Meta-type analysis of dopaminergic effects on gene expression in the neuroendocrine brain of female goldfish

Title: Meta-type analysis of dopaminergic effects on gene expression in the neuroendocrine brain of female goldfish
Authors: Popesku, Jason T
Martyniuk, Christopher J
Trudeau, Vance L
Date: 2012
Abstract: Dopamine (DA) is a major neurotransmitter important for neuroendocrine control and recent studies have described genomic signaling pathways activated and inhibited by DA agonists and antagonists in the goldfish brain. Here we perform a meta-type analysis using microarray datasets from experiments conducted with female goldfish to characterize the gene expression responses that underlie dopaminergic signaling. Sexually mature, pre-spawning [gonadosomatic index (GSI) = 4.5 ± 1.3%] or sexually regressing (GSI = 3 ± 0.4%) female goldfish (15–40 g) injected intraperitoneally with either SKF 38393, LY 171555, SCH 23390, sulpiride, or a combination of 1-methyl-4-phenyl-1,2,3,6-tetrahydropyridine and α-methyl-p-tyrosine. Microarray meta-type analysis identified 268 genes in the telencephalon and hypothalamus as having reciprocal (i.e., opposite between agonism and antagonism/depletion) fold change responses, suggesting that these transcripts are likely targets for DA-mediated regulation. Noteworthy genes included ependymin, vimentin, and aromatase, genes that support the significance of DA in neuronal plasticity and tissue remodeling. Sub-network enrichment analysis (SNEA) was used to identify common gene regulators and binding proteins associated with the differentially expressed genes mediated by DA. SNEA analysis identified gene expression targets that were related to three major categories that included cell signaling (STAT3, SP1, SMAD, Jun/Fos), immune response (IL-6, IL-1β, TNFs, cytokine, NF-κB), and cell proliferation and growth (IGF1, TGFβ1). These gene networks are also known to be associated with neurodegenerative disorders such as Parkinsons’ disease, well-known to be associated with loss of dopaminergic neurons. This study identifies genes and networks that underlie DA signaling in the vertebrate CNS and provides targets that may be key neuroendocrine regulators. The results provide a foundation for future work on dopaminergic regulation of gene expression in fish model systems.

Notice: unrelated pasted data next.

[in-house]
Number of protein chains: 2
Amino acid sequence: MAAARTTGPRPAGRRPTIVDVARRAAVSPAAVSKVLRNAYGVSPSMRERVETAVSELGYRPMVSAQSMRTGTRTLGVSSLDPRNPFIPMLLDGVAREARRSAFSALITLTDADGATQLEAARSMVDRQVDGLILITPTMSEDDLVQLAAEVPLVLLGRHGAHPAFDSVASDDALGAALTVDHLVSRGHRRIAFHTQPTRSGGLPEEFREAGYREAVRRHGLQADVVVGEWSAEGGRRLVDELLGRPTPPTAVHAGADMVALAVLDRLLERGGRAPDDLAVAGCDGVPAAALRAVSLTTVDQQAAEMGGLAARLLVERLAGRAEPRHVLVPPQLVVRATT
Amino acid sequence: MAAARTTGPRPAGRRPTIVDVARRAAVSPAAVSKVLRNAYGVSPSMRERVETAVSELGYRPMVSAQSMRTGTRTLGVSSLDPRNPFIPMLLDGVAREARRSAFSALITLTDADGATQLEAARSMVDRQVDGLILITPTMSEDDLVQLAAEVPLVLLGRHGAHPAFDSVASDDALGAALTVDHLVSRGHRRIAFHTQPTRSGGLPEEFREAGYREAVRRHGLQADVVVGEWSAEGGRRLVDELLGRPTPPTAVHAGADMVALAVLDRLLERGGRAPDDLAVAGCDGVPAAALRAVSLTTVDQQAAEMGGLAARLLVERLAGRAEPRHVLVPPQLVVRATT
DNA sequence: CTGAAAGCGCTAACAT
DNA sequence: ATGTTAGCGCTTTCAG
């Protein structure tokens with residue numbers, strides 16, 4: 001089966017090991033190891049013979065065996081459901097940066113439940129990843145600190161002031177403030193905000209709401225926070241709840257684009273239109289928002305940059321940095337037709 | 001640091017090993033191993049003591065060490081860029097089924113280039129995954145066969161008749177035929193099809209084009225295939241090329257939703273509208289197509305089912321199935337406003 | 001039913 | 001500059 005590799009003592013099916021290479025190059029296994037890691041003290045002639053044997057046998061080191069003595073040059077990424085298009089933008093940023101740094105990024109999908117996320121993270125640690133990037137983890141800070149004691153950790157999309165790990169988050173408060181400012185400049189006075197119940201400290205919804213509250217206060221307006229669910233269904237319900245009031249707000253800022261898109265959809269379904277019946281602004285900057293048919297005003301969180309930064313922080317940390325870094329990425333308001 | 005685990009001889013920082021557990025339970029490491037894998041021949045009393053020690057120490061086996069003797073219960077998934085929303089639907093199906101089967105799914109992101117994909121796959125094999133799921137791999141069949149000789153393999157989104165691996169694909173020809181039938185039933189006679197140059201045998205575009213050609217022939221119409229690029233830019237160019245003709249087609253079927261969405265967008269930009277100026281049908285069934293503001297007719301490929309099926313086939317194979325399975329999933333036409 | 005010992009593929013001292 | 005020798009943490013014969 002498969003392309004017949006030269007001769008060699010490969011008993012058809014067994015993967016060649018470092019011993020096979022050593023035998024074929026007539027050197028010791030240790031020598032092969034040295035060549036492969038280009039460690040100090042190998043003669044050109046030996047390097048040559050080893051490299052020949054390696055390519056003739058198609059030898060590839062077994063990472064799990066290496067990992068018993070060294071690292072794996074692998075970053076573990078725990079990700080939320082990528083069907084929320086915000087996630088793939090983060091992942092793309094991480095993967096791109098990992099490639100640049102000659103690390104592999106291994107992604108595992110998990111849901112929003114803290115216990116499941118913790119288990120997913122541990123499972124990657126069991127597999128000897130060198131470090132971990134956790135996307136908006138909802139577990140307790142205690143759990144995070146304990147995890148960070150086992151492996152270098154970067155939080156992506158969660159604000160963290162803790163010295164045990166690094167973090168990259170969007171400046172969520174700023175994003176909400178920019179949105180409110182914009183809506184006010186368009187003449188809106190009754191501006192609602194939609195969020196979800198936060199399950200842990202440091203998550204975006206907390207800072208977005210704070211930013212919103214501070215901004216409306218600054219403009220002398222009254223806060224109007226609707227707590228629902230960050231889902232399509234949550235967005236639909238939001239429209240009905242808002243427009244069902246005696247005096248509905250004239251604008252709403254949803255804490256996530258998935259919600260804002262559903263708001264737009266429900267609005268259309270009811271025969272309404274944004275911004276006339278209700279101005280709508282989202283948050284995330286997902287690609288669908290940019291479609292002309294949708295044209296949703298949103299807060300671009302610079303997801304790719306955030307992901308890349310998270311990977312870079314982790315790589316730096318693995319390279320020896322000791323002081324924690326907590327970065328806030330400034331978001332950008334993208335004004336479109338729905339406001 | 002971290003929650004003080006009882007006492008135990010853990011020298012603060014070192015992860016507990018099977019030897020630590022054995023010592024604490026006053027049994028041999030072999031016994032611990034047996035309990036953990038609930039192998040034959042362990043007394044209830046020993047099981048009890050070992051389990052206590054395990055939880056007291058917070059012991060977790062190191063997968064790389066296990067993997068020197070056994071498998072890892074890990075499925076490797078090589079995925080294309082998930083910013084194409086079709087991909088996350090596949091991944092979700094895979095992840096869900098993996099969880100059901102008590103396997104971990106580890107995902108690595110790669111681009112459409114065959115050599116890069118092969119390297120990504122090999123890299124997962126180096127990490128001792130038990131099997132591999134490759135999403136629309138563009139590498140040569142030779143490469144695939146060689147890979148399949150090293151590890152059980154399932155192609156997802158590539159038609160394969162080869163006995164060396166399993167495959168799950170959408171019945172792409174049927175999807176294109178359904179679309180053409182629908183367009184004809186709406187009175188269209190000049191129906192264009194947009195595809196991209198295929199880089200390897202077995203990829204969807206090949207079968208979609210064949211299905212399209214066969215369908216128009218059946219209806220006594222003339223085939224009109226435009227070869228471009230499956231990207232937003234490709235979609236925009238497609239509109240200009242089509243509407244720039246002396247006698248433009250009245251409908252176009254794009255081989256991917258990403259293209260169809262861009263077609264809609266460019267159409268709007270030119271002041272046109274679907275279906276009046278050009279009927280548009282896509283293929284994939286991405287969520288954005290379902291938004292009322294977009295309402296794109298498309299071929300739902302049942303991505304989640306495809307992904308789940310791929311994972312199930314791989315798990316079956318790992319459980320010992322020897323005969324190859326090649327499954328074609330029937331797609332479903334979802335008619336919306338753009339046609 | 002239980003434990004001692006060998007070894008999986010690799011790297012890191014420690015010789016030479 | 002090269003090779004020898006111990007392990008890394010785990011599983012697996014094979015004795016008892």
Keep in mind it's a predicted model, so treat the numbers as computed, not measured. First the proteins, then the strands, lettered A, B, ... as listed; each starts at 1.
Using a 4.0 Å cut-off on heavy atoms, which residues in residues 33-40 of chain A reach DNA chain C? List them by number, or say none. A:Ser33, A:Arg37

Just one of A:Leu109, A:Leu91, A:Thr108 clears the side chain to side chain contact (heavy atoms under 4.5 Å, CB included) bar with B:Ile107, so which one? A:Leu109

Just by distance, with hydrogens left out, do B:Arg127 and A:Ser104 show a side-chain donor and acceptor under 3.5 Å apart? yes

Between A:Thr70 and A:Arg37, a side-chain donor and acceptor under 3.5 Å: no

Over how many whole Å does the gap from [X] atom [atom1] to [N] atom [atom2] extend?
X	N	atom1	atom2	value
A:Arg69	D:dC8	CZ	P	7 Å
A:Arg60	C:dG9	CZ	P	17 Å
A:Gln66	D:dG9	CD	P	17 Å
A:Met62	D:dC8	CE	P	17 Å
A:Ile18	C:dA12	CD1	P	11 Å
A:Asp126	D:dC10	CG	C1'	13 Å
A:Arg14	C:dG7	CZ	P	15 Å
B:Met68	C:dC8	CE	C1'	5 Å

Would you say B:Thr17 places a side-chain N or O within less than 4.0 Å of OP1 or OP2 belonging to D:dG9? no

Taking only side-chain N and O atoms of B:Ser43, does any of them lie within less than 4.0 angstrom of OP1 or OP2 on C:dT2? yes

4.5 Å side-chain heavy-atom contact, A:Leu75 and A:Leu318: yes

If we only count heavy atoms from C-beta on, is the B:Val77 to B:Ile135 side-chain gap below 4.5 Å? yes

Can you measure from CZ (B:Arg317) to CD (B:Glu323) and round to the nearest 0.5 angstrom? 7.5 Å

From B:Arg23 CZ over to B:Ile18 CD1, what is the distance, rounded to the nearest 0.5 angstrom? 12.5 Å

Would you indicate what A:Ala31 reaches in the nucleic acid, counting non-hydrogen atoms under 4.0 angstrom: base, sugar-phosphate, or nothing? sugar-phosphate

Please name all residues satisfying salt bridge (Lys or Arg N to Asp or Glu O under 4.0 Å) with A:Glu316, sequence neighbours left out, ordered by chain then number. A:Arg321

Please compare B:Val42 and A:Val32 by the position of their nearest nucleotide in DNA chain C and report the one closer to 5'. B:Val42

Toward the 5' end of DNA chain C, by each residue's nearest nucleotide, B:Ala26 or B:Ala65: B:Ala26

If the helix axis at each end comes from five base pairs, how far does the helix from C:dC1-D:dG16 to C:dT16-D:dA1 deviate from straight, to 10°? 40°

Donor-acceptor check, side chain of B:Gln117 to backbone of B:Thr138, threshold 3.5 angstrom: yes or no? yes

DOI: 10.3389/fendo.2012.00130
CollectionBiologie // Biology
Publications en libre accès financées par uOttawa // uOttawa financed open access publications